Ibid., p. 336.
"The instinct of nationality will react against the barbarous divisions and artificial antagonisms imposed upon a single people and the disunited fractions of this people will tend incessantly to attract one another.... Let the diversity of governments cease to require the separation and division of peoples and you will witness the same nationality willingly governed by several. A single government is no more necessary for the unity of a people than a single bank, a single educational system, a single religion or a single grocery store, etc." (Ibid.).
Molinari, "La Liberté du gouvernement," in L'Évolution politique, chap. 10, sec. 5., p. 381. Elsewhere Molinari described "the liberty of government" as "a logical and necessary complement to the liberty of industry" (Les Lois naturelles de l'économie politique [Paris: Guillaumin, 1887], p. 260).
"Government will be nothing more than free insurance corporations guarding life and property" (Molinari, L'Évolution politique, p. 381).
Ibid., p. 398. See also Molinari, Les Lois naturelles, pt. 4, chap. 14, "La Constitution naturelle des gouvernements. La Commune. La Province. L'Etat."; and chap. 15. "La Liberté de gouvernement."
Molinari suggested an "urban agency" or a "rent collector's office" to manage local affairs. (Molinari, L'Évolution politique, p. 391.)
"There are necessary relationships of mutual interest for the joining of roads, sewers and gas lines, the establishment of trams, etc.; they would be consequently obliged to form a permanent union or syndicate to regulate the various questions and other affairs resulting from the juxtaposition of their property. Under the influence of the same necessities this union would extend to neighboring rural communes. Ultimately, any disputes among the individual members would have to be brought before arbitrators or tribunals for settlement" (Ibid., p. 392).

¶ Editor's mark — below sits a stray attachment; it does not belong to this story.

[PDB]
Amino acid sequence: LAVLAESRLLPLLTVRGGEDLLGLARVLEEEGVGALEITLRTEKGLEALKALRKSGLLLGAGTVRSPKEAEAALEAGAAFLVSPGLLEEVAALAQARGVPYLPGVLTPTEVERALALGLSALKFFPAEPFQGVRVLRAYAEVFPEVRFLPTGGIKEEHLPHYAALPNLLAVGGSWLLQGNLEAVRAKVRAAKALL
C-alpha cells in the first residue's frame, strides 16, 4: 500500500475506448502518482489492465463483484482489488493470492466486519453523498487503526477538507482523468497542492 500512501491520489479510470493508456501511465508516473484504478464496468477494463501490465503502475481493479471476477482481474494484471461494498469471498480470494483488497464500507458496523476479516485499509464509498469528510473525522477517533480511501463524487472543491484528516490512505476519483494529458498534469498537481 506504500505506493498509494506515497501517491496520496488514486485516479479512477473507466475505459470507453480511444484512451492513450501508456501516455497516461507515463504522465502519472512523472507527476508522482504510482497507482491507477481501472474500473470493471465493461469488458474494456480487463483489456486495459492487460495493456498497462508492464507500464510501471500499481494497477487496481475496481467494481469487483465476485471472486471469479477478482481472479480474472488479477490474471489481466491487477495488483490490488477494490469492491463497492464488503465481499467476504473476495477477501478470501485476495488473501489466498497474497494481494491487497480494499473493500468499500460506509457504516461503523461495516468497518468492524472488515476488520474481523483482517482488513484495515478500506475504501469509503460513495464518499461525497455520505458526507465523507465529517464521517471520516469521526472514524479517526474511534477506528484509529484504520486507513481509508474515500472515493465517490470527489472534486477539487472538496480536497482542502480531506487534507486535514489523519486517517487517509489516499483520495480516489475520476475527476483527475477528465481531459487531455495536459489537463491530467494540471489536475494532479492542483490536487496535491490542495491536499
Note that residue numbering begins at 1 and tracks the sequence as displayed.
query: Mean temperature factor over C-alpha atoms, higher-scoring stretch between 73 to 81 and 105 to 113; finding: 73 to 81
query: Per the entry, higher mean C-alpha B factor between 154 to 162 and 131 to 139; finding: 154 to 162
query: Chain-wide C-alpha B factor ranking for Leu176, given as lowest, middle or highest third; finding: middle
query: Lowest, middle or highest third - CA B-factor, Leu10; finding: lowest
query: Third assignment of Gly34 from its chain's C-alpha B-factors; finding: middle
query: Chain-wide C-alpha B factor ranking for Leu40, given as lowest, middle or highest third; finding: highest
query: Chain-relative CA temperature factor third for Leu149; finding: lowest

Somewhat later (1887) Molinari considered some services as having a naturally collective character, such as roads, police, and sanitation, which could only be provided "communally" and not "individually" on the market. Nevertheless he still believed that competition between administrative areas would lower prices and ensure the best service to the citizens. (See Molinari, Les Lois naturelles, p. 246.)
See Section 1, "The Production of Security--1849," supra.
Molinari, L'Évolution politique, p. 393. Molinari explicitly endorsed secession as a means of exercising one's right to self-government: "if the community is a vast one, the inhabitants of a wealthy region, oppressively taxed for the benefit of others or vice versa, could separate themselves from the whole, an act forbidden in the present regime, either to form an independent community or to annex themselves to a neighboring community" (Molinari, Les Lois naturelles, p. 263). Molinari believed that left-wing anarchists would quickly learn by experience how necessary a police force and other services would be if they were permitted to form "states" of their own, provided they made some contribution to common defense. Molinari also believed that this right to secede was a "double" one: the commune had the right to secede from the province just as the province had the right to secede from the state. "Undoubtedly, local circumstances could render the right to secede impractical, but as long as we do not insist upon the contiguity of of territories as a necessity for the constitution of a state or province--and experience attests that a community or a province may exist as an enclave--then we can quickly convince ourselves that the right of a community or a province to secede will excite enough competition among provinces and states to improve the quality of their services and decrease their cost" (Les Lois naturelles, pp. 265-66).
Molinari, L'Évolution politique, p. 393.
Ibid., p. 500.
"What should reassure us above all is the indestructibility and providential necessity of civilization" (Ibid., p. 504).
Molinari, Les Lois naturelles, p. 276. "The friends of liberty could cross their arms and content themselves with allowing the free play of natural forces to assist the triumph of their doctrines" (L'Évolurion politique, p. 504).
V. I. Lenin, "What is to be done?" Selected Works (Moscow Progress Publishers, 1976), 3: 441-42.
"[The consumer] has the right to accept or refuse [the services of security], to haggle over the price and to demand certain quality, exactly as he would with all other merchandise... [and] to patronize any other producer of security" (Molinari, Précis d'économie politique et de morale [Paris: Guillaumin, 1893], pp. 206-208).